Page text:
According to various consultancies, about 80 percent of all organisational data isunstructured. That is, it is text heavy, relates to documents, discussions, conversations and connections. Such data in its raw form can't be stored in the relational database format which number crunchers use. Figure 2 shows how technology company Oracle is developing tools to capture and "interrogate" unstructured data. CIPD is working in partnership with Oracle Corporation to investigate the talent analytics and big data challenge for HR.

These massive flows of data are present in any workplace where ICT is used. This is as true for the biggest global consumer company as it is for an SME employing one hundred people. Unstructured data are loaded with learning insight. Another key aspect of the big data picture is knowledge shared across webinars, devices, websites and the traffic flowing across online platforms such as Twitter and LinkedIn. With integration tools these are currently harnessing in real time the learning dialogues we previously thought impossible. Capturing this is our next big challenge.

Hack that! Social and collaborative learning

In our 2013 Learning and Talent Development survey, we asked practitioners to rate interventions in terms of their social and collaborative impact. Group webinars were rated highest, mentoring and peer to peer learning was also seen as highly social. The most informal type of learning, taking place around central social hubs such as the water cooler or the coffee point came close behind.  "Learning on the job" also figured near the top. Social learning is bringing insights previously rooted in leading edge learning theory and academic research to the forefront of practice. Such interactional learning is where the formal or instructional learning and the experiential learning such as on-the-job training (OTJ) and knowledge management comes together and clicks.

Capturing and channelling these social learning flows holds big promise. Such data is not easy to capture but a reflective awareness of it can help practitioners to link to other forms of learning data. Already many applications and platforms seek to tap into social and collaborative data. For example, Chatter, SharePoint and Yammer are widely used and new tools are coming on the market. Integrated talent management systems which link these all together in one place are increasingly used in large organisations too. Innovation and competition will drive the costs down. Collaborative initiatives like CIPD's Hackathon with Gary Hamel, where a community of practitioners put forward solutions and develop ideas, is an example of this. So L&D professionals have to develop a smart and sophisticated appreciation of the new world of rich data led insight.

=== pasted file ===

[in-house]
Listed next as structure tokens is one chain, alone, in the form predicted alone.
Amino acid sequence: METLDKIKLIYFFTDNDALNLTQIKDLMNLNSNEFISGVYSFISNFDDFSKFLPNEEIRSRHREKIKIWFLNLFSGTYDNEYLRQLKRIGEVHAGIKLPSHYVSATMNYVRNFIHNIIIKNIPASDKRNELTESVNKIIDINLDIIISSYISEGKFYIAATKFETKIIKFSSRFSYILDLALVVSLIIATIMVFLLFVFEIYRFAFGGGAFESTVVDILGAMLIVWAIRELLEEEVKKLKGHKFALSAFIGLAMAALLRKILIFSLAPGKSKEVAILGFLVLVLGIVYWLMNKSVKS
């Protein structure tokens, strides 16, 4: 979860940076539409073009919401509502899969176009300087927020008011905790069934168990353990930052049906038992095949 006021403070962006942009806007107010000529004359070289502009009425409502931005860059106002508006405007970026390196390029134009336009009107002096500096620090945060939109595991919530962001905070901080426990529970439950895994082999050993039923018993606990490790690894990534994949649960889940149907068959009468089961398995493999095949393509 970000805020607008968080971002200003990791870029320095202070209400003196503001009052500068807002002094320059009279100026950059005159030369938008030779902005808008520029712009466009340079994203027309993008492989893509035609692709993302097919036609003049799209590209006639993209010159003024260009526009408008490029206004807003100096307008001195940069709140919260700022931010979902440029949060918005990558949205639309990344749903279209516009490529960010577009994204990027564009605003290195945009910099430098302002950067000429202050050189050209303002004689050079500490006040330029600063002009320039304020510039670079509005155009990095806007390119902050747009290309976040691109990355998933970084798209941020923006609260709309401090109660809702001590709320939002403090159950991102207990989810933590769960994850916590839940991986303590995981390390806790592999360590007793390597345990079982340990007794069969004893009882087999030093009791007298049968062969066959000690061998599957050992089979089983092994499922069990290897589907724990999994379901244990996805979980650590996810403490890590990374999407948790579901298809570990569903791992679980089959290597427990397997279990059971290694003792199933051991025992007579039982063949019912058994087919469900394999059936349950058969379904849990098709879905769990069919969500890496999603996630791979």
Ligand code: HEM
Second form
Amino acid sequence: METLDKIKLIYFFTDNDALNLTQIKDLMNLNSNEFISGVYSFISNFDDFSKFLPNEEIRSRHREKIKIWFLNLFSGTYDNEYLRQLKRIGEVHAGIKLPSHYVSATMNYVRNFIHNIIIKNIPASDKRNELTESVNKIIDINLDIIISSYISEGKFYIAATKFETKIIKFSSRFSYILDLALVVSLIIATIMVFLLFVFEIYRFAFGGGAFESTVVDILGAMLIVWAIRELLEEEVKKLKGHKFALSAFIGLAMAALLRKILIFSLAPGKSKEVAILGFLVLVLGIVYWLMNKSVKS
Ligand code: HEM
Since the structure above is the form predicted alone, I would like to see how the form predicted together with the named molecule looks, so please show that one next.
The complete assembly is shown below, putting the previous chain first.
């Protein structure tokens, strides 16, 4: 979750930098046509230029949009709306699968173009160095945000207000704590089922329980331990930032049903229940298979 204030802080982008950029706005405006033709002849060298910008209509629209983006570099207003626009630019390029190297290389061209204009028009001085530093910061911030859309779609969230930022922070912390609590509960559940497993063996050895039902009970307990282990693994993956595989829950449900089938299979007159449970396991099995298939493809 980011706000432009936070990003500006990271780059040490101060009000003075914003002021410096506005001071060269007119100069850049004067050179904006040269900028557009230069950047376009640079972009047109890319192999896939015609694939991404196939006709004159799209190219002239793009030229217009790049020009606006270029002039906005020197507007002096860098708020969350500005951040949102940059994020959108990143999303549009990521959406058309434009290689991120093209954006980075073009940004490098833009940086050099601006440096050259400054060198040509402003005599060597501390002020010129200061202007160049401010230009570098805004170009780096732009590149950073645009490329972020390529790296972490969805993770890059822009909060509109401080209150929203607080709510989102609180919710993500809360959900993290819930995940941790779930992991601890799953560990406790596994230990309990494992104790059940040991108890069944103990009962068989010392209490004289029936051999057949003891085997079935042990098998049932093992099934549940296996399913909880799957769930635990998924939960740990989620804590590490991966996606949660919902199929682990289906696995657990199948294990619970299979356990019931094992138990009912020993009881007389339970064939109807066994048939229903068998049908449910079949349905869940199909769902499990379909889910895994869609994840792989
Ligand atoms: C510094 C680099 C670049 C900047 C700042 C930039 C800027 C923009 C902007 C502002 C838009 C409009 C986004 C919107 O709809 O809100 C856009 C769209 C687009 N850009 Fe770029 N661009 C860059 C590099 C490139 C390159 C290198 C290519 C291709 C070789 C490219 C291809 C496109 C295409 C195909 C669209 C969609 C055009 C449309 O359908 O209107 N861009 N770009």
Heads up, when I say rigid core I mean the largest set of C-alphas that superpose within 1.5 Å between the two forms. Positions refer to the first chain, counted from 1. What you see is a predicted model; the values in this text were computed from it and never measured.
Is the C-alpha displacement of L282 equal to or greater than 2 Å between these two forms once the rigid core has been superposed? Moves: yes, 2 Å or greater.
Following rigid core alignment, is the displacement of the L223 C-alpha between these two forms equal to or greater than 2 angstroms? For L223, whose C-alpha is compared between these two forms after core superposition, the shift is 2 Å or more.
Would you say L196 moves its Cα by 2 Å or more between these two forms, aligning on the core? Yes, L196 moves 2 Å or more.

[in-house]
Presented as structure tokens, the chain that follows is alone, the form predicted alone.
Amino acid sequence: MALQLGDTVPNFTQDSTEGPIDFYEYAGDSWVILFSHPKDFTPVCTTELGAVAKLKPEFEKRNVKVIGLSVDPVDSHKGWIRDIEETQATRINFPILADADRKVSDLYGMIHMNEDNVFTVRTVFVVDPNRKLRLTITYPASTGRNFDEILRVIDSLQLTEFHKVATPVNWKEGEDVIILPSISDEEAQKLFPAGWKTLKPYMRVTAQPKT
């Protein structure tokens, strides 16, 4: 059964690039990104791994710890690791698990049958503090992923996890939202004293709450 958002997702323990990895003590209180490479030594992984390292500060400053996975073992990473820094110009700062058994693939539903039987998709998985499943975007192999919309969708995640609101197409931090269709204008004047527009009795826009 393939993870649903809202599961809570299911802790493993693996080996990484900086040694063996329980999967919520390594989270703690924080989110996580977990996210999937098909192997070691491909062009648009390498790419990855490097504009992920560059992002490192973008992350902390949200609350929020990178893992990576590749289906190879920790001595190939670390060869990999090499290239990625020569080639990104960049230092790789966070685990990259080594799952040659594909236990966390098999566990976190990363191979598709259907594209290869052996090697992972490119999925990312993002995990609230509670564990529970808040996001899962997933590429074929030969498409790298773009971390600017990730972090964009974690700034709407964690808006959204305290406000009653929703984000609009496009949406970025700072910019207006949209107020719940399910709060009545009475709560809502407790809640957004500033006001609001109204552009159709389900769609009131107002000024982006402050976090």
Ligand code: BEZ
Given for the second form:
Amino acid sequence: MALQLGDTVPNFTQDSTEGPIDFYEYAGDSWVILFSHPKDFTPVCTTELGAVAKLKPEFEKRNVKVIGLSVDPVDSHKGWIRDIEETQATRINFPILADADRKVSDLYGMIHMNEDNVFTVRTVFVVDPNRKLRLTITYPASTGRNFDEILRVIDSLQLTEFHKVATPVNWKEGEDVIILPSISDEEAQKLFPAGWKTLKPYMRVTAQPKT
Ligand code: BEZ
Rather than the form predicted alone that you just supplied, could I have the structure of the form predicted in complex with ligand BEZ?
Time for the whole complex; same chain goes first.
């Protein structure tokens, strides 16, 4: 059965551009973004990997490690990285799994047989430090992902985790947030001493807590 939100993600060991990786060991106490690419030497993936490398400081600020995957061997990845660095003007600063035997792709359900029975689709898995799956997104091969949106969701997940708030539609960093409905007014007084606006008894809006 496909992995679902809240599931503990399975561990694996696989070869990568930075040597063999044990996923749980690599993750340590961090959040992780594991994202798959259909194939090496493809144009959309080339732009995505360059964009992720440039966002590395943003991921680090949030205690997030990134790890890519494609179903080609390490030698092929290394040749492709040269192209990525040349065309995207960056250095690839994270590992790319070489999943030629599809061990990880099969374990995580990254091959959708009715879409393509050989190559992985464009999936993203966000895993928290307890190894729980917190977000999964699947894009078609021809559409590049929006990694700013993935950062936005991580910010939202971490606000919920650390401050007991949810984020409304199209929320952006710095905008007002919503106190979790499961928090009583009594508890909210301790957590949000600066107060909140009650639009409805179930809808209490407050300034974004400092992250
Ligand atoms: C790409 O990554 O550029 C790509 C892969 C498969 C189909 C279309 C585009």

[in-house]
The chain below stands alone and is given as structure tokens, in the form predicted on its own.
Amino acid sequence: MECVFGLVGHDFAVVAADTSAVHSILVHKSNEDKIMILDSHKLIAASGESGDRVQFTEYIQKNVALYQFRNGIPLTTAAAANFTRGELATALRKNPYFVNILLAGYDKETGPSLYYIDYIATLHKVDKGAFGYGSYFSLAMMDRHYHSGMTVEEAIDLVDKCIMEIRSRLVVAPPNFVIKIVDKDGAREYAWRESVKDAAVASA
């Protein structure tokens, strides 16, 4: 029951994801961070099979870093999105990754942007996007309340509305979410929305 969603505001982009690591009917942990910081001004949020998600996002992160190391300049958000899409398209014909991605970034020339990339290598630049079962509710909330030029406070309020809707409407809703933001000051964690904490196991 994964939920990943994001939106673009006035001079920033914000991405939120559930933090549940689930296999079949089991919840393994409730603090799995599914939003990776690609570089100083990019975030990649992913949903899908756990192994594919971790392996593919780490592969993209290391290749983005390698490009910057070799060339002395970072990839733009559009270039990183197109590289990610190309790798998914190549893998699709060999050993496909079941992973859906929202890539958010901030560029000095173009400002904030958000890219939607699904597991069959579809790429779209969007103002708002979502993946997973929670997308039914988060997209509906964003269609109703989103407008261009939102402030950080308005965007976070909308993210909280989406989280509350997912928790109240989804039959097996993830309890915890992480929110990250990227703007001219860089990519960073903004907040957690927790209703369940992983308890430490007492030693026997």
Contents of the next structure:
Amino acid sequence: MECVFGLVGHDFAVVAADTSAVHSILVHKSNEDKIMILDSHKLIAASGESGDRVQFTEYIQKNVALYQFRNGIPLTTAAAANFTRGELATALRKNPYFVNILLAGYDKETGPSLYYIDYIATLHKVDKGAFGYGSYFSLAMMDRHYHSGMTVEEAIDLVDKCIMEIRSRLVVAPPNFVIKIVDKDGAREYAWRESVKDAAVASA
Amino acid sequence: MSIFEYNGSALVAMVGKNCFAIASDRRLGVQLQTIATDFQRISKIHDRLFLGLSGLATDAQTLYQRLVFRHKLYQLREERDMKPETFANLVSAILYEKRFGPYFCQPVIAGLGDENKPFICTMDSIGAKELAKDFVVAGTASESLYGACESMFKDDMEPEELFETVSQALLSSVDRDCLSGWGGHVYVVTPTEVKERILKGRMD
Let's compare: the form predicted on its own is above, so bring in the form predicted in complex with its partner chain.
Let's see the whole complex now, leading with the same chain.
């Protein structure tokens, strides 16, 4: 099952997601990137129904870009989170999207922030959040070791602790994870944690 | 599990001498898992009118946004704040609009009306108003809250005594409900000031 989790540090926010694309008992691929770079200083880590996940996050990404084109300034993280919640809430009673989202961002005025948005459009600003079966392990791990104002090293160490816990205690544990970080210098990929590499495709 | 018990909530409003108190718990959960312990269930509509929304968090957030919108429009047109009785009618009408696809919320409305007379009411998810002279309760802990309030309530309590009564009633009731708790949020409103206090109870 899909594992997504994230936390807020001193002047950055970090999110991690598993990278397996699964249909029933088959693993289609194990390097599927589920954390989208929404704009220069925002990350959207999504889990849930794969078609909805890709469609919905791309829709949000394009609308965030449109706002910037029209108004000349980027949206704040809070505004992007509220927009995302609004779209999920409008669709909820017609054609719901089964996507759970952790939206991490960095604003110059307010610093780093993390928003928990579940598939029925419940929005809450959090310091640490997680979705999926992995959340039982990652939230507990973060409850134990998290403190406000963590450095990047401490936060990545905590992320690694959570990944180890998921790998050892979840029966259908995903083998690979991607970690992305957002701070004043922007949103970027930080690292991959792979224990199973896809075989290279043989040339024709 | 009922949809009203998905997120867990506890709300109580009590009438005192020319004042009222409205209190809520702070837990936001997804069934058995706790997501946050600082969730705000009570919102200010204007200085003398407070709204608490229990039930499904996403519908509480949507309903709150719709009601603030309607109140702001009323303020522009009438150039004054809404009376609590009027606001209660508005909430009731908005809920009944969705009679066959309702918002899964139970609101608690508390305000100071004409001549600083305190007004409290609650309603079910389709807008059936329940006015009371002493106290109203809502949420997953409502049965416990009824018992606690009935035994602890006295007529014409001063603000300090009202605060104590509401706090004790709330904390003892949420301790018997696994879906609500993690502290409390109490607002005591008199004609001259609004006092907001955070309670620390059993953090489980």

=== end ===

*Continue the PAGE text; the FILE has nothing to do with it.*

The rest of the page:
Conclusion

Evaluation as traditionally envisaged in L&D is no longer fit for purpose. Metrics will come from how learning interacts with a whole range of people, performance and business indicators. This trend will be helped by the greater and more systematic use of talent analytics. None of this will stand on its own, and that should logically demonstrate to us the futility of either "happy sheet" evaluation or baseline free ROI as two extremes of poor current practice.

Make metrics our learning challenge

Learning how to measure the value of what we do is for me our biggest challenge in L&D. It outranks all others. The availability of talent analytics, big and unstructured data and social and collaborative learning have shifted the ground beneath us.  Many embrace this but some L&D professionals feel uncomfortable with it.  Yet Bill Murray's miserable know-all weatherman only makes progress out of the endless loop when he realises the need to shift his thinking. He enjoys learning to play the piano, making ice sculptures and learning French. Shifting our focus towards our own key challenges will make them opportunities for us too.

This is the first article in a series as we develop our various metrics projects. We will be working with global technology company Oracle Corporation to look at talent analytics and big data across HR. I will pull out some of the key insights for L&D as we progress this work, particularly the obstacles to addressing the three priorities I have outlined: namely silos, skills and suspicion. Watch this space and please tell us what you think.

Footnotes

1. See Mayer-Schoenberger V, and Culier, K Big Data.

2. Thanks to Nigel Paine and Learning Technologies Conference for this example.

References

Bersin, Josh (2012)  Big Data in HR http://www.slideshare.net/jbersin

Bellinger, A (2011). Analytics Beyond Kirpatrick Training Journal June 2011

BOUDREAU, J.W. and JESUSATHAN, R. (2011) Transformative HR: how great companies use evidence-based change for sustainable advantage. San Francisco: Jossey-Bass.

Mayo A, (2004) Return on Investment One Stop Guide (2004) Personnel Management

Kearns P; (2005)  Evaluating the RO from learning; How to develop value based  training CIPD books

MANYIKA, J., CHUI, M., and BROWN, B. (2011) Big data: the next frontier for Innovation, competition and productivity. McKinsey Global Institute

Mayer Scoenberger, V  and Cukier, K (2013) Big Data; A revolution that will transform how we work, live and think John Murray

McGurk J, (2012) Data Smart HR; the new Must Have. CIPD Impact ( Quarterly Journal of Policy and Practice insight) No 40 September 2102)http://www.cipd.co.uk/impactmagazine/40/pdf/impact_40.pdf

Silverman  Research (2013)  Data Visualisation Seminar London June 27th

CIPD Hackathon: http://www.cipd.co.uk/cipd-hr-profession/gary-hamel-hackathon.aspx